In a couple weeks, tons of NFL hopefuls will descend upon Indianapolis to pursue their dreams of being a professional football player.  The NFL Combine has become an awesome spectacle and right now as you are reading this, football players are training to have the best combine possible.  

Now a lot of athletes will come to the Combine and not do anything.  They have their own “pro days” at their college in their comfortable surroundings.  But, if you happened to be invited to Indy, you better take advantage of it if you aren’t one of the big time prospects.

The crown jewel of the Combine is the 40 yard dash.  It isn’t the most practical skill for a football player, but it is the favorite to watch.  I recently wrote a post that I thought if you were a high school player and ran a slow 40, don’t even bother attending a college Combine.  The same could apply to a college prospect aiming for the pros.

But, how fast do you have to run a 40?

Obviously, it depends on position, but this is what I’m discussing in today’s post.  I’ve got some good data so let’s talk about what I came up with.

How I came up with my data

I’ve kept track of results of the last three NFL Combines to determine exactly how running the 40 yard dash affects your draft position.  What I did was record every athlete by position at the combine who ran the 40 yard dash at a 4.49 or faster time.

If there was a position that didn’t have those times (such as lineman), then I took the top 5 fastest times.  I also added athletes who scored in the top 5 in the other categories as well (broad jump, vertical jump, etc.).  Sometimes those athletes were the same, sometimes they were new athletes and I recorded all their times for their drills they performed.

After the draft, I marked down who was drafted and who wasn’t.  I then divided those groups and took their average 40 time.  So I have the average 40 time for the drafted players and non-drafted per position.  I’m going to discuss four different positions for the sake of time and let’s see if we can see any patterns.

A fast 40 doesn’t seem to be real pertinent for running backs

For my 3 year span (2010 – 2012), running backs that participated at the NFL Combine and were drafted that met my above criteria ran the 40 in a 4.52.  Non-drafted running backs ran a 4.57.

There seem to be some other factors when it comes to running backs because some of the backs that were drafted not only were awful in the 40, but had horrible times in the other drills.

In 2011, the non drafted RB’s were actually faster on average (4.47 to 4.51).

If you are a defensive end invited to the Combine, perform and you’re drafted

Defensive ends that were drafted ran a 4.80 in the 40.  If they weren’t drafted, they ran a 4.85 with 2010 being a year where the undrafted ends were faster than the drafted ones.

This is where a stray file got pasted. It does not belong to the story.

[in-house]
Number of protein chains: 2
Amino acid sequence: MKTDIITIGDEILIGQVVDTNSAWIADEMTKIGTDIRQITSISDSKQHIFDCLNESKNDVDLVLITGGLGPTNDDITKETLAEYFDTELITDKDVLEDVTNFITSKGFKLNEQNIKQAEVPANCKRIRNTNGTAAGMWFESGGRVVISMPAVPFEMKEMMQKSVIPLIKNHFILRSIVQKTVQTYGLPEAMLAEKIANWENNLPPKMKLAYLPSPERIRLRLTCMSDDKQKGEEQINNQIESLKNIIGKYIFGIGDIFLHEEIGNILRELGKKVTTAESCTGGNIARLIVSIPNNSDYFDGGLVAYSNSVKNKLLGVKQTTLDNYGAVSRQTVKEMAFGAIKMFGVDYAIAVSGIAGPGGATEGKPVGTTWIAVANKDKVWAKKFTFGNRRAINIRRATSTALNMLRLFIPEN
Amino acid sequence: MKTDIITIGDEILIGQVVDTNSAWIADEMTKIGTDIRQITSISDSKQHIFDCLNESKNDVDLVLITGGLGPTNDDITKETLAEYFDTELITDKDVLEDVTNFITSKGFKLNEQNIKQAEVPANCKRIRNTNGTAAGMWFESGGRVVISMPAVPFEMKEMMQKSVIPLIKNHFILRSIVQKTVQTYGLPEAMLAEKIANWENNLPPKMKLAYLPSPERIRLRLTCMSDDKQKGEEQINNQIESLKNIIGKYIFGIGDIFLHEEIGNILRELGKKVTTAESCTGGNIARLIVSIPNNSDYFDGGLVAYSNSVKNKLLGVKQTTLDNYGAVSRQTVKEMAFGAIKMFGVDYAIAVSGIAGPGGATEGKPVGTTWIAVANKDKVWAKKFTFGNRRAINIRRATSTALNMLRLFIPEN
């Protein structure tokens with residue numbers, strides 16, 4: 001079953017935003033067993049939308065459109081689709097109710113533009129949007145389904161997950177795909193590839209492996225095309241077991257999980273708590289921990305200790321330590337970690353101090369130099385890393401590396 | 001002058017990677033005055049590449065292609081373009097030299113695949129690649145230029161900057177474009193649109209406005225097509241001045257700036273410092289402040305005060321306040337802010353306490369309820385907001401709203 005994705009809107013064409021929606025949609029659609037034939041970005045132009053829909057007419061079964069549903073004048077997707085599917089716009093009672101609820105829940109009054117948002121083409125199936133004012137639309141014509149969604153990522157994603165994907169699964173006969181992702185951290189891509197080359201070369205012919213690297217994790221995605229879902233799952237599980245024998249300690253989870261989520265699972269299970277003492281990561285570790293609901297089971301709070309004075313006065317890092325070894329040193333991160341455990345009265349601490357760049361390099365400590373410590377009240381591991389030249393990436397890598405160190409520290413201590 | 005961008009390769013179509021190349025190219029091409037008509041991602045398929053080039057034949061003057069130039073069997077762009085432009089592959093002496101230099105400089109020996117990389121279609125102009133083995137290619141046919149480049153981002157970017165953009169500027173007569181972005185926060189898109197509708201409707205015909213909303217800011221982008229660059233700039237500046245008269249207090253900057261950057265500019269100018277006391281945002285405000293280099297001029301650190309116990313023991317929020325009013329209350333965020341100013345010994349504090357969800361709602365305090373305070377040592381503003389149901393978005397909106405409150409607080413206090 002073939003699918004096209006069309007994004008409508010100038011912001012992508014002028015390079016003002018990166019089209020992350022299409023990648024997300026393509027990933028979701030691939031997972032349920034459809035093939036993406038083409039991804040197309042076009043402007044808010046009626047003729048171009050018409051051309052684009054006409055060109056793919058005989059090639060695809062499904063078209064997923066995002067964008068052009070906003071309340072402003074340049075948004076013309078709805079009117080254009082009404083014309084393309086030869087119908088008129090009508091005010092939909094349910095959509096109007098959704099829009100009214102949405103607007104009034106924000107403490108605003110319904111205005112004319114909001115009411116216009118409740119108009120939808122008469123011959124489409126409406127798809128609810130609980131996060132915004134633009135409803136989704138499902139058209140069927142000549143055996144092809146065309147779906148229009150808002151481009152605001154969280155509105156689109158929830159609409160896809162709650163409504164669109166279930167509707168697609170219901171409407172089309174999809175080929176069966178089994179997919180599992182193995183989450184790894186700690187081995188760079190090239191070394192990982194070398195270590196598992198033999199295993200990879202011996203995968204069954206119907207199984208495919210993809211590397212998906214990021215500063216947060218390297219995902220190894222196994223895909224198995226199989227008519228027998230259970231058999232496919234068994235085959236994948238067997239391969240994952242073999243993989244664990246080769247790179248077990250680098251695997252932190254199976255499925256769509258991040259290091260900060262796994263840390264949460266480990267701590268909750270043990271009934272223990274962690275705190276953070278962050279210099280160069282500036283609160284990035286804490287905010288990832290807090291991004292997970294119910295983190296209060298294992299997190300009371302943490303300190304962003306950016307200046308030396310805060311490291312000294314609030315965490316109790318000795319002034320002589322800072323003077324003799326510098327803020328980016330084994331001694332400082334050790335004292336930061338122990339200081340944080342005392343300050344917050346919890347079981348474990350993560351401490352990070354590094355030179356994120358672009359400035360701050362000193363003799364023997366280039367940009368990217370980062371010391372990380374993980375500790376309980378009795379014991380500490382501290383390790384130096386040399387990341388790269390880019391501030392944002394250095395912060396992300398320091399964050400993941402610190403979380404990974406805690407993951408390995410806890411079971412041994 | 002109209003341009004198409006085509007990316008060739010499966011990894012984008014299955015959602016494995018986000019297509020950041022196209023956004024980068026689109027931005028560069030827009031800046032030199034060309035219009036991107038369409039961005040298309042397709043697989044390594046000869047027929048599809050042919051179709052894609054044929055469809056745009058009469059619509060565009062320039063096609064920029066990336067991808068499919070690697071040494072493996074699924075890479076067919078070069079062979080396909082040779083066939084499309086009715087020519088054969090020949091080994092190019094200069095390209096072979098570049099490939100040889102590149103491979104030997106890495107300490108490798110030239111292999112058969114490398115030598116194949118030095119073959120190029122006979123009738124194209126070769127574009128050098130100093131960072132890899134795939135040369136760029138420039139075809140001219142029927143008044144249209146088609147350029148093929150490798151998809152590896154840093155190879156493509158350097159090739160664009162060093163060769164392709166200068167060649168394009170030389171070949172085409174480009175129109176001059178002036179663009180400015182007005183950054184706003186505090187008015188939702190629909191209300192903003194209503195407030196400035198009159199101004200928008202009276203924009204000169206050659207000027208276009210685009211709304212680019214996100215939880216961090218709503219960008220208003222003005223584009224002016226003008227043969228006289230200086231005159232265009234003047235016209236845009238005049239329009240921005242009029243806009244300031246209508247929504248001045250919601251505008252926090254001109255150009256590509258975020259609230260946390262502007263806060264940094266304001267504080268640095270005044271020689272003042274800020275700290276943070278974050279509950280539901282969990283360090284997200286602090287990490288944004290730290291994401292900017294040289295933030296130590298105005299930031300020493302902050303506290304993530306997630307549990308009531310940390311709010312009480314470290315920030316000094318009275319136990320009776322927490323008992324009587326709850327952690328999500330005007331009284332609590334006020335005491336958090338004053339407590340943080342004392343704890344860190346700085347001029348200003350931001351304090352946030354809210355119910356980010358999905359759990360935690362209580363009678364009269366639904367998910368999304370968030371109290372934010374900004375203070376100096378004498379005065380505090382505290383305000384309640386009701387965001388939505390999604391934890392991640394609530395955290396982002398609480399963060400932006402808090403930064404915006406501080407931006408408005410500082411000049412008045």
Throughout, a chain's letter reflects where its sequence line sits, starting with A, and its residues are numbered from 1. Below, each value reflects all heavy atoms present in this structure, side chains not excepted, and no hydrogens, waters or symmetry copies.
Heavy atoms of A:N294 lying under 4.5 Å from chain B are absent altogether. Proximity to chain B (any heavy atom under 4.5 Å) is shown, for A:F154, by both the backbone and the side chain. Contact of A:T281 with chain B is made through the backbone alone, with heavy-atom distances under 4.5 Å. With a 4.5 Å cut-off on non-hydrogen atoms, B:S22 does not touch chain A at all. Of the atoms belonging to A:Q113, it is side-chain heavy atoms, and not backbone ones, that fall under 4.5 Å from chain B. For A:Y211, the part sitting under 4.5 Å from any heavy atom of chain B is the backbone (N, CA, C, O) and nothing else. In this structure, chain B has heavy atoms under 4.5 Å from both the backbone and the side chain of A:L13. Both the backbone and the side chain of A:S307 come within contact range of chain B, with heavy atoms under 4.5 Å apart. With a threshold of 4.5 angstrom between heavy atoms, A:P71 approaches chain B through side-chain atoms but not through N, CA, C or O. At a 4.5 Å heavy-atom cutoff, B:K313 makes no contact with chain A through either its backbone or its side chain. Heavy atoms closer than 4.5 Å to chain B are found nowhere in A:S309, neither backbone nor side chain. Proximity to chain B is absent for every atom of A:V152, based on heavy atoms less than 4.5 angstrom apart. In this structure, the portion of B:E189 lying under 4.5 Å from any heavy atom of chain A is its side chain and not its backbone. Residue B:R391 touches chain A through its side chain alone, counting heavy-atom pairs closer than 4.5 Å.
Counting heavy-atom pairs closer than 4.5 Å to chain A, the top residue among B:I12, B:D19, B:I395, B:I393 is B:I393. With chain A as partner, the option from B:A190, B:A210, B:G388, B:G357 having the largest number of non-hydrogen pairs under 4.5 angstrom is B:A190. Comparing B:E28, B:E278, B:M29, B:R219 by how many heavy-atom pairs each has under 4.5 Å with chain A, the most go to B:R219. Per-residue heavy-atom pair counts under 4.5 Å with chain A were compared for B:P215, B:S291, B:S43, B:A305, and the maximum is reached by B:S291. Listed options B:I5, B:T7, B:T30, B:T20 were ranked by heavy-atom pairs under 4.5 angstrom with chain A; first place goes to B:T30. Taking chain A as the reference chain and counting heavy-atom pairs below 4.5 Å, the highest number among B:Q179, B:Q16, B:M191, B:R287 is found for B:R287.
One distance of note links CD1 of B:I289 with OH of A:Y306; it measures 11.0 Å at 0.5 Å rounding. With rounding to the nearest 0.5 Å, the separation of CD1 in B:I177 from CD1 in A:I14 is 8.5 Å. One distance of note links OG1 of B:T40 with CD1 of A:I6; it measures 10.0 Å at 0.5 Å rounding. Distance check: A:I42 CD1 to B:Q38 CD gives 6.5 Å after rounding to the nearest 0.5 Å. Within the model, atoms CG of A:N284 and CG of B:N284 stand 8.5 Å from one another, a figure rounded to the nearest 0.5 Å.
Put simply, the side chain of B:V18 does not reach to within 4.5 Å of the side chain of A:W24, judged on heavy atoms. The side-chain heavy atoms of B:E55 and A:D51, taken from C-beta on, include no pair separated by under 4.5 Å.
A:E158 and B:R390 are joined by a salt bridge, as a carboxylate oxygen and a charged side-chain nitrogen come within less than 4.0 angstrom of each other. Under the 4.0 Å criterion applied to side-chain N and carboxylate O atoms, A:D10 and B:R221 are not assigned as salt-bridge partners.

Here’s the interesting nugget.  If you were a defensive end that qualified for my list (see above), then you had an awesome chance of getting drafted.  For the three year span, I had 53 defensive ends in my list.  Only 9 of them didn’t get drafted (3 per year).

So, if you get invited to the combine as a defensive end, my advice would be to prep as hard as you can for the drills.  You get in the top 5 for any drill and run around a 4.80 you SHOULD be drafted.

Who cares if you can catch, run fast

For the three years that I studied wide receivers, speed seemed to be an awesome indicator of being drafted.  Drafted receivers ran a 4.46, while undrafted receivers ran a 4.53 in the 40.

If you have size as well, that would be a bonus.  Unless, you have some pre-hype or went to a big university, if you run slower than a 4.50, you better say your prayers because being drafted might not be in your future.

Cornerbacks also need to cover besides running fast

Cornerbacks need to be fast and nowadays if you have size that is nice too.  Primarily if you ran fast, you can be drafted.  Drafted cornerbacks ran a 4.47 40 yard dash while undrafted ones ran a 4.54.

Here are two interesting tidbits.  In 2010, the drafted and undrafted cornerbacks both ran a 4.47.  There were 15 drafted and 7 undrafted that year based on my criteria.  In 2011, every cornerback that qualified for my data got drafted (25).  Bottom line is run fast and if you can move your hips effectively you have a great shot of being drafted.

If you want to see data for other positions or the data for the other drills at the positions I mentioned, feel free to let me know in the comments box below.